There is a continuing trend in search term cases: You do not see judges discussing experts and Federal Rules of Evidence 702. Now, perhaps this is just in cases where custodian names or simple search terms were at issue, such as William A. Gross Constr. Assocs. v. Am. Mfrs. Mut. Ins. Co., 2009 U.S. Dist. LEXIS 22903 (S.D.N.Y. Mar. 19, 2009) and Asarco, Inc. v. United States EPA, 2009 U.S. Dist. LEXIS 37182 (D.D.C. Apr. 28, 2009).
The main focus of Curtis v. Alcoa, Inc.,2009 U.S. Dist. LEXIS 71581 (E.D. Tenn. Mar. 27, 2009) was whether specific discovery was protected by the attorney-client privilege (a great exercise for law students taking Evidence). A secondary focus of the opinion was a motion to compel an additional ESI search with revised keywords. Curtis, 38-39.
The Plaintiffs’ wanted seven additional keyword combinations run against nine custodians (which included such terms as “Enron/OPEB” and “Sarbanes-Oxley/OPEB”). Curtis, 38.
The Defendants’ claimed the searches had been run against seven of the nine custodians. Agreeing to run the searches over the additional two custodians seemed to be a non-issue. Curtis, 39.
The Court ordered the Defendants, if it had not already been done, to run the designated searches with the revised key words on the nine custodians and indentify the responsive search results. Curtis, 39.
Are the Angels Treading Lightly?
“…for lawyers and judges to dare opine that a certain search term or terms would be more likely to produce information than the terms that were used is truly to go where angels fear to tread.”
Magistrate Judge Facciola, United States v. O’Keefe, No. 06-CR-249, 2008 WL 44972, 8 (D.D.C. Feb. 18, 2008).
I think there is a rule of thumb with search terms: If you will need to prove the responsiveness of your searches or whether forensic analysis was performed, you will see an expert report or an evidentiary hearing.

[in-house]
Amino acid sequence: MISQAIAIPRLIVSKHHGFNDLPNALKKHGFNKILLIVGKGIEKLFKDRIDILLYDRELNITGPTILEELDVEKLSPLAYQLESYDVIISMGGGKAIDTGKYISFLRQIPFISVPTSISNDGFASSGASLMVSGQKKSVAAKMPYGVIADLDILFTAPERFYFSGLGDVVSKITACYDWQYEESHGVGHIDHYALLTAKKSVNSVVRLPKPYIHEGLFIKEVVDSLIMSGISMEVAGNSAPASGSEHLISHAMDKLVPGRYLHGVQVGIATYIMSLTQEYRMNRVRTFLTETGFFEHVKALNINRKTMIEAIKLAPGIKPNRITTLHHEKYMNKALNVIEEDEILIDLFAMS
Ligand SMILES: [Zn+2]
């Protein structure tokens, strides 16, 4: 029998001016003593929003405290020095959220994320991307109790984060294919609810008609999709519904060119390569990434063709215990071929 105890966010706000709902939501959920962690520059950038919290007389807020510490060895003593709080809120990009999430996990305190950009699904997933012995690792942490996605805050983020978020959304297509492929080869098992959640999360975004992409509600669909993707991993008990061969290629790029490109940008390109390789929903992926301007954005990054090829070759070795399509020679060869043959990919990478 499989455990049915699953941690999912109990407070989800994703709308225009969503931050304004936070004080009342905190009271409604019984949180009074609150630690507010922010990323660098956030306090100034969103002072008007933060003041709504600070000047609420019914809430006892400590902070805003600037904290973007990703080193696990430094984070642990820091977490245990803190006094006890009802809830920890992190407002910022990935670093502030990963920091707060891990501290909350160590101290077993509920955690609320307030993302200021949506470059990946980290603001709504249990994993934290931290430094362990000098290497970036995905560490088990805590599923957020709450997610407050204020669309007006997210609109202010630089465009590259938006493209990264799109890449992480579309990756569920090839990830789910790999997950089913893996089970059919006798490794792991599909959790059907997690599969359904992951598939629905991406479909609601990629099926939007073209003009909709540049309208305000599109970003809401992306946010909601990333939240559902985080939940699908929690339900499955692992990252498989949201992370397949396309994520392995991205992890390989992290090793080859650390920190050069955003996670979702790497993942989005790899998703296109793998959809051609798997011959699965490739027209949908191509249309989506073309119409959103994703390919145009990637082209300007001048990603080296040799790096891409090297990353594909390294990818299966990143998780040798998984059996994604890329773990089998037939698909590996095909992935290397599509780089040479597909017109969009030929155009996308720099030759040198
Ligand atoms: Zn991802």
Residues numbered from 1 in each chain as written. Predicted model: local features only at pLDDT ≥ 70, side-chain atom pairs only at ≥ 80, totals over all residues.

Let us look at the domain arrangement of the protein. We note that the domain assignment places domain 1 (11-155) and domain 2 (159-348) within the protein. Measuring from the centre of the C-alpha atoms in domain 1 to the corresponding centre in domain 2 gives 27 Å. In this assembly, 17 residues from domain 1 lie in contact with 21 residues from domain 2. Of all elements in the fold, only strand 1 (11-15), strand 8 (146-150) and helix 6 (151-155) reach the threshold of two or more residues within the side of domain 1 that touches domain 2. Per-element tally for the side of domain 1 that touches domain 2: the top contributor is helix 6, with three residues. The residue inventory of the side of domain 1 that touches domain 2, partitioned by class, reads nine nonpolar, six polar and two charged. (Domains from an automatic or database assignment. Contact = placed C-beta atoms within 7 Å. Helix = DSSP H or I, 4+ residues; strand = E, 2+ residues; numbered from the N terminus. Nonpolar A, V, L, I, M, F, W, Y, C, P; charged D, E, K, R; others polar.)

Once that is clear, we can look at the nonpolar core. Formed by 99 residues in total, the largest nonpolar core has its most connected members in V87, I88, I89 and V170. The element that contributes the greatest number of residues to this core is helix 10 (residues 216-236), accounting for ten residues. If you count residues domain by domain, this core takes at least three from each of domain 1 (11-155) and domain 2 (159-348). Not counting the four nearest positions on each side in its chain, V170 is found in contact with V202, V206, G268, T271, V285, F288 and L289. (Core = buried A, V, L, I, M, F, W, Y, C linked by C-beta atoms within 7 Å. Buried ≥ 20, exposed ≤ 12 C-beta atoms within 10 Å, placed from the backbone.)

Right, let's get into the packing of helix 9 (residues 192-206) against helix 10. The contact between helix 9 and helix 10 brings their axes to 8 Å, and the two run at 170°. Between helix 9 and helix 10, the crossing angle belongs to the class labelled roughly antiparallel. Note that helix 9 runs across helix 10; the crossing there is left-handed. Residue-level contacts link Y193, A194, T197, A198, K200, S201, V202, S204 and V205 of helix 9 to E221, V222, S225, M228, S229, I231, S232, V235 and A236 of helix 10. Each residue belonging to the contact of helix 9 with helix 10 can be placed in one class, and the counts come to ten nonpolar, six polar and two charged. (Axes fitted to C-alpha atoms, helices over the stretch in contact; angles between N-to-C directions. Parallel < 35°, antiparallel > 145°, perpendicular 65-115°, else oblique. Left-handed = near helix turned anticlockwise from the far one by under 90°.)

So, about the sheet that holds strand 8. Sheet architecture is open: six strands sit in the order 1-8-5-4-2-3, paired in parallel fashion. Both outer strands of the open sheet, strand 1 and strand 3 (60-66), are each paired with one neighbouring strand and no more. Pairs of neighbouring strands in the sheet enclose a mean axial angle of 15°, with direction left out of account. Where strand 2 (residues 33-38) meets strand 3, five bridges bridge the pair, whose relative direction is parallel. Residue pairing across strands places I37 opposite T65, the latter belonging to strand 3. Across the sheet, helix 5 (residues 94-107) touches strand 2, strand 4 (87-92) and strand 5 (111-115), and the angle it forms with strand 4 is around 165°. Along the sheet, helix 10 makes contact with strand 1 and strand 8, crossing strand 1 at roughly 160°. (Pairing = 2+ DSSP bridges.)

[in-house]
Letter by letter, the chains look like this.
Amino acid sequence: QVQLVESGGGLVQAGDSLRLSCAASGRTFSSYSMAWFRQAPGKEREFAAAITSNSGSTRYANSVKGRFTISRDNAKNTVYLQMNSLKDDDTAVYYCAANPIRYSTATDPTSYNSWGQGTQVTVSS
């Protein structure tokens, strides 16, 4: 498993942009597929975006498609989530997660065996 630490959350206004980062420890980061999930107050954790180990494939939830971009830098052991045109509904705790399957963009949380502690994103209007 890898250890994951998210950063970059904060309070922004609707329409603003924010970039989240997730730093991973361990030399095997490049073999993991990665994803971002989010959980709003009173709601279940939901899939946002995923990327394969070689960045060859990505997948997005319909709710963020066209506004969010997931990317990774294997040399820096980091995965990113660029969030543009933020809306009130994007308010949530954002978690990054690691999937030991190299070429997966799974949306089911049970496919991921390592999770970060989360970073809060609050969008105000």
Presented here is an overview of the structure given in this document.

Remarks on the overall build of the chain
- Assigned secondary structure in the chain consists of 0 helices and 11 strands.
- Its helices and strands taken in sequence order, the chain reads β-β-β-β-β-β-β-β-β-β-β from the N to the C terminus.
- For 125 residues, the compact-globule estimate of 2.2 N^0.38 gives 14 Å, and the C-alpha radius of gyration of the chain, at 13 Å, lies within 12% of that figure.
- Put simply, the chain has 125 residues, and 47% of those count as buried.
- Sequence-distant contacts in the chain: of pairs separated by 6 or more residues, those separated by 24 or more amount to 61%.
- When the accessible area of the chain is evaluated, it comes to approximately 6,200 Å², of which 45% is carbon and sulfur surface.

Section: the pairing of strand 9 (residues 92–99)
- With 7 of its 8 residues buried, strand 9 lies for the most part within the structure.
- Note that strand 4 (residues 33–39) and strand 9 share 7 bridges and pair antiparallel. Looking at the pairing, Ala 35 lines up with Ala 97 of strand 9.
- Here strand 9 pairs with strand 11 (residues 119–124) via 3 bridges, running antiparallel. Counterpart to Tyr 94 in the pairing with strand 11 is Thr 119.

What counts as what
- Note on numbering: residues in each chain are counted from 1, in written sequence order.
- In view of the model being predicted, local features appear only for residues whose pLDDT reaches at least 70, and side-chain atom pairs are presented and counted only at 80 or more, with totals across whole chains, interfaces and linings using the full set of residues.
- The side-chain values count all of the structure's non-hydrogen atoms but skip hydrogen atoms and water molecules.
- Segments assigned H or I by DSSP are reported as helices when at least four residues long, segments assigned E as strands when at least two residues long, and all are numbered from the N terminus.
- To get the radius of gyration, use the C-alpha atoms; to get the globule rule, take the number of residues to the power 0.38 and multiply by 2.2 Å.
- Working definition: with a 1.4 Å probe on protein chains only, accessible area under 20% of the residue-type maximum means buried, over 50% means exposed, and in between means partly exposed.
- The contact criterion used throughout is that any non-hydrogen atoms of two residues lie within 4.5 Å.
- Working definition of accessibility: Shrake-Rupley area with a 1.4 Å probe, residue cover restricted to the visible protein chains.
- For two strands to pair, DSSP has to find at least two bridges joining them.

Cases such as Covad Communs. Co. v. Revonet, Inc., 2009 U.S. Dist. LEXIS 47841 (D.D.C. May 27, 2009); United States v. O’Keefe, No. 06-CR-249, 2008 WL 44972 (D.D.C. Feb. 18, 2008 ); and Equity Analytics, LLC v Lundin, 248 F.R.D. 331 (D.D.C. 2008 ) fall into this group.
On the other side of the spectrum, courts are narrowing search terms to specific individuals (such as Dunkin’ Donuts Franchised Rests. LLC v. Grand Cent. Donuts, Inc., 2009 U.S. Dist. LEXIS 52261 (E.D.N.Y. June 19, 2009)) or variations of custodian names (William A. Gross Constr. Assocs. v. Am. Mfrs. Mut. Ins. Co.). These situations require active meet and confers and interviews with custodians so search terms are not in designed wildly without reason.
The key to both is attorneys proving their search methodology with affidavits or experts being deposed where search terms must be defended. In the first instance, software tools that generate search term reports will likely be affidavit exhibits. Both situations will probably require lawyers working with an outside vendor or in-house e-discovery professions to ensure search term responsiveness.
Josh Gilliland is a California attorney who focuses his practice on eDiscovery. Josh is the co-creator of The Legal Geeks, which has made the ABA Journal Top Blawg 100 Blawg from 2013 to 2016, the Web 100 from 2017 to 2018, and was nominated for Best Podcast for the 2015 Geekie Awards. Josh has presented at legal conferences and comic book conventions across the United States. He also ties a mean bow tie.